Beavers are builders

American beaver near La Crosse River by Amy Vach, 2023.
Climate Change
Frank Dravis

Our Allies Against Climate Change

No other species in the Driftless region of Wisconsin, perhaps all of the US is such a prolific, industrious, and large-scale builder as the beaver. They are, of course, famous for their dams and lodges. Discussion concerning beavers, especially in northern farming states abundant with flowing rivers and streams, will eventually turn to the question: are beavers beneficial?

The largest rodent in the US, the term rodent applies to beavers because their incisor teeth never stop growing. That means they must chew on things (usually trees) to keep their teeth from growing too large for their mouths. They don’t actually eat the wood but consume the soft inner layers of bark. At forty to fifty pounds on average, a beaver can do a lot of chewing, and it is an example of the majesty of nature that the beaver then uses the felled trees and saplings for both home construction and habitat management. On land the furbearer is ungainly and slow, a target for predators, but in the water it is sleek and fast, propelled by the same large, flipper-like tail that makes it a waddling comedy on land. It builds its lodges in a pond or close to a bank with the entrance, ingeniously, underwater. 

For North America it is estimated there are 10 to 15 million beavers and are listed as “Least Concern” by the International Union for Conservation of Nature (IUCN) meaning very low risk of extinction and at the bottom of the endangered species taxonomy. 

The beaver’s love of building dams is viewed as either a benefit or a detriment depending on, “Where your forty is.” We’ll get to the meaning of that in a second. Climate change, and with it the increasing occurrence of intense and heavy rains is changing the calculus on the benefit/detriment. In the past, the effects of beaver dams were seen as either good or bad, yes/no. depending on what forty acres of land you were standing on. If it was a trail through the La Crosse River marsh near downtown La Crosse, then sighting a beaver lodge and dam added positively to the wildlife experience. If it was a beaver pond in the Kickapoo Valley Reserve where the water temp was near constant and bug hatches plentiful, then you were a happy trout fisherman fishing the forty acres downstream. But if you were the farmer who found his lower forty soggy and flooded, or were the other trout fisherman whose favorite riffle was now a pond, you weren’t so enthusiastic. The homeowner whose driveway culvert became blocked with water flowing everywhere except where they wanted it could be added to the non-enthusiastic list.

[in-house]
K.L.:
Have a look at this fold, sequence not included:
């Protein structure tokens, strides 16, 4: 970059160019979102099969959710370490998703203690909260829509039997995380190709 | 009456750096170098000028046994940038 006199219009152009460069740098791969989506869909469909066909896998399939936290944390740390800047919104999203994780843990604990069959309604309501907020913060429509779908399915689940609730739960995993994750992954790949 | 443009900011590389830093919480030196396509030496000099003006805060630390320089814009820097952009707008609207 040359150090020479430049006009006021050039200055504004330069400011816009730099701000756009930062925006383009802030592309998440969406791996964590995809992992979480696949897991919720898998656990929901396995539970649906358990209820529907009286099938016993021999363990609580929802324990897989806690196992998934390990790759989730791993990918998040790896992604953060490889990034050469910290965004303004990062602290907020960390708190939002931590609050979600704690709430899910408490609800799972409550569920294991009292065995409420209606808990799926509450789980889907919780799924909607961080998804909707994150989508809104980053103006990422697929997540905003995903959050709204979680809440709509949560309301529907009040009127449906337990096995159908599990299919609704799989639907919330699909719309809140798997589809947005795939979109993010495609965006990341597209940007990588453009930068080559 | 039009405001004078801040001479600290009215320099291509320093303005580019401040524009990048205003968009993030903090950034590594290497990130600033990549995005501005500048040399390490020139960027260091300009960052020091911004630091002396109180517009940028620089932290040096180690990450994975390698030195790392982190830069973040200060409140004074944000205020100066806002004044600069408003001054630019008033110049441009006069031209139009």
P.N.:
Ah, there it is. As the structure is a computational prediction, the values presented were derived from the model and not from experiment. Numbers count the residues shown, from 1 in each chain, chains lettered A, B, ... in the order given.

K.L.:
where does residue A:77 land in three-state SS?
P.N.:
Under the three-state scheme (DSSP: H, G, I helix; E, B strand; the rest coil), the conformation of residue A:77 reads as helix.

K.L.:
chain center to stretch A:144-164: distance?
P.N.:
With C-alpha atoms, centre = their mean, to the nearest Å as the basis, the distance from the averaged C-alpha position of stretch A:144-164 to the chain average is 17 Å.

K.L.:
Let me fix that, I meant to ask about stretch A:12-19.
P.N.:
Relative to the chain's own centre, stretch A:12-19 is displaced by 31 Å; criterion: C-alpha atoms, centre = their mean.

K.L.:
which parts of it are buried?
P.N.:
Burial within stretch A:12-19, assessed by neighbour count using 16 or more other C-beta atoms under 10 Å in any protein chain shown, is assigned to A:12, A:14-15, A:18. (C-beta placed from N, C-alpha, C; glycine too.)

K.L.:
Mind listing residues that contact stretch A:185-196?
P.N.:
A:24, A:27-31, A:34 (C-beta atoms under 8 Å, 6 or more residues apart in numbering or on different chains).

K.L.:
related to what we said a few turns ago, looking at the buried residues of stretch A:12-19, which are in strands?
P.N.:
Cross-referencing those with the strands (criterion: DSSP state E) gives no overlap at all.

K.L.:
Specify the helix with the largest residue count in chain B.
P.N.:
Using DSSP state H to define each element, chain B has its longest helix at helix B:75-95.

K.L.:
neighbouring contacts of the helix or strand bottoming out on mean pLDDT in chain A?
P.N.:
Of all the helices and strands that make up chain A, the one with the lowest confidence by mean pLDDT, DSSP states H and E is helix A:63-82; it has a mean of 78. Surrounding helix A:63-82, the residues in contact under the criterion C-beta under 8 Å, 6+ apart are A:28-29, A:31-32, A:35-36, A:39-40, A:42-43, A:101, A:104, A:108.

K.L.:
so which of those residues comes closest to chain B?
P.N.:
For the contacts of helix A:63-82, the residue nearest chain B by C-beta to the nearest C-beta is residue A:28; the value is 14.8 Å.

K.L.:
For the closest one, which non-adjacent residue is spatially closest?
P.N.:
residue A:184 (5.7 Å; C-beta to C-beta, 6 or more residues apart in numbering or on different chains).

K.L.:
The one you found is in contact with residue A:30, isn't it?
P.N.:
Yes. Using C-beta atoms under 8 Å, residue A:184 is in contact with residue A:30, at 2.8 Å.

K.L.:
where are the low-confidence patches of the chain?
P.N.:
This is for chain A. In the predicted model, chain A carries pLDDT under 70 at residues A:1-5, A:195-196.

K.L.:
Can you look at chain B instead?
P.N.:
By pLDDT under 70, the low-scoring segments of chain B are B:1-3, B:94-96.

With climate change, however, management policies towards the beaver are changing. In the Western states a critical eye has turned to how the dams can increase water storage, ground water restoration, and ecosystem survival during drought. In Wisconsin, while we can have acute periods of drought, we certainly have flooding, sustained erosion, and sudden washing. Beaver dams act like speed bumps in the streams and help to slow down the water as it moves through the system. “Slower water means less erosion and in some cases less flooding from storms. Ponds also absorb some of the water even if they already appear full, so the volume of water also decreases through a beaver system.”[1] Counter to some popular beliefs, studies have shown that water temps downstream of ponds were almost 5 degrees lower than upstream. The pond recharges groundwater which resurfaces colder downstream. This is important for species survival, such as trout, when a warming climate pushes habitats farther north. 

Another hydrological benefit of a beaver dam, and the resultant pond, is they filter out and store nutrients, sediment, and pollutants (depending on what’s upstream). Water flowing from a beaver dam is therefore cleaner than up stream. If the dam is left in place long enough sediment will gradually fill in behind creating a marshy area which accelerates carbon sequestration. Of course, to sustain an environment where these practices are possible you need land conservation. Filling in wetlands and channeling rivers eliminates the possibility of beaver benefits. 

Given the effects of climate change are increasing, landowners need to consider a wider range of implications the next time they discover a beaver irrigation project near their corn field. Yes, you can call the DNR, remove the dam, and live trap the animal, but stop and think about the last gully-washer that came through, blocked all the culverts, took out the fencing, and stranded the cows. Could it be, with just a little bit of human engineering that you can make peace with your new environmental engineer?

Looking at a beaver damn should no longer be through the binary lens of, “That’s incredible!” or “Look at what those rodents did now!” Instead, consider that small flood control project was built for free, and will be repaired for free. No DNR or Army Corps of Engineers needed.

THANKS TO YOU, Mississippi Valley Conservancy has protected a number of sites where beavers will continue to bring their skills to waterways and wetlands, slowing floodwaters and helping keep water cold and clean.



PHOTO: American beaver near La Crosse River by Amy Vach, 2023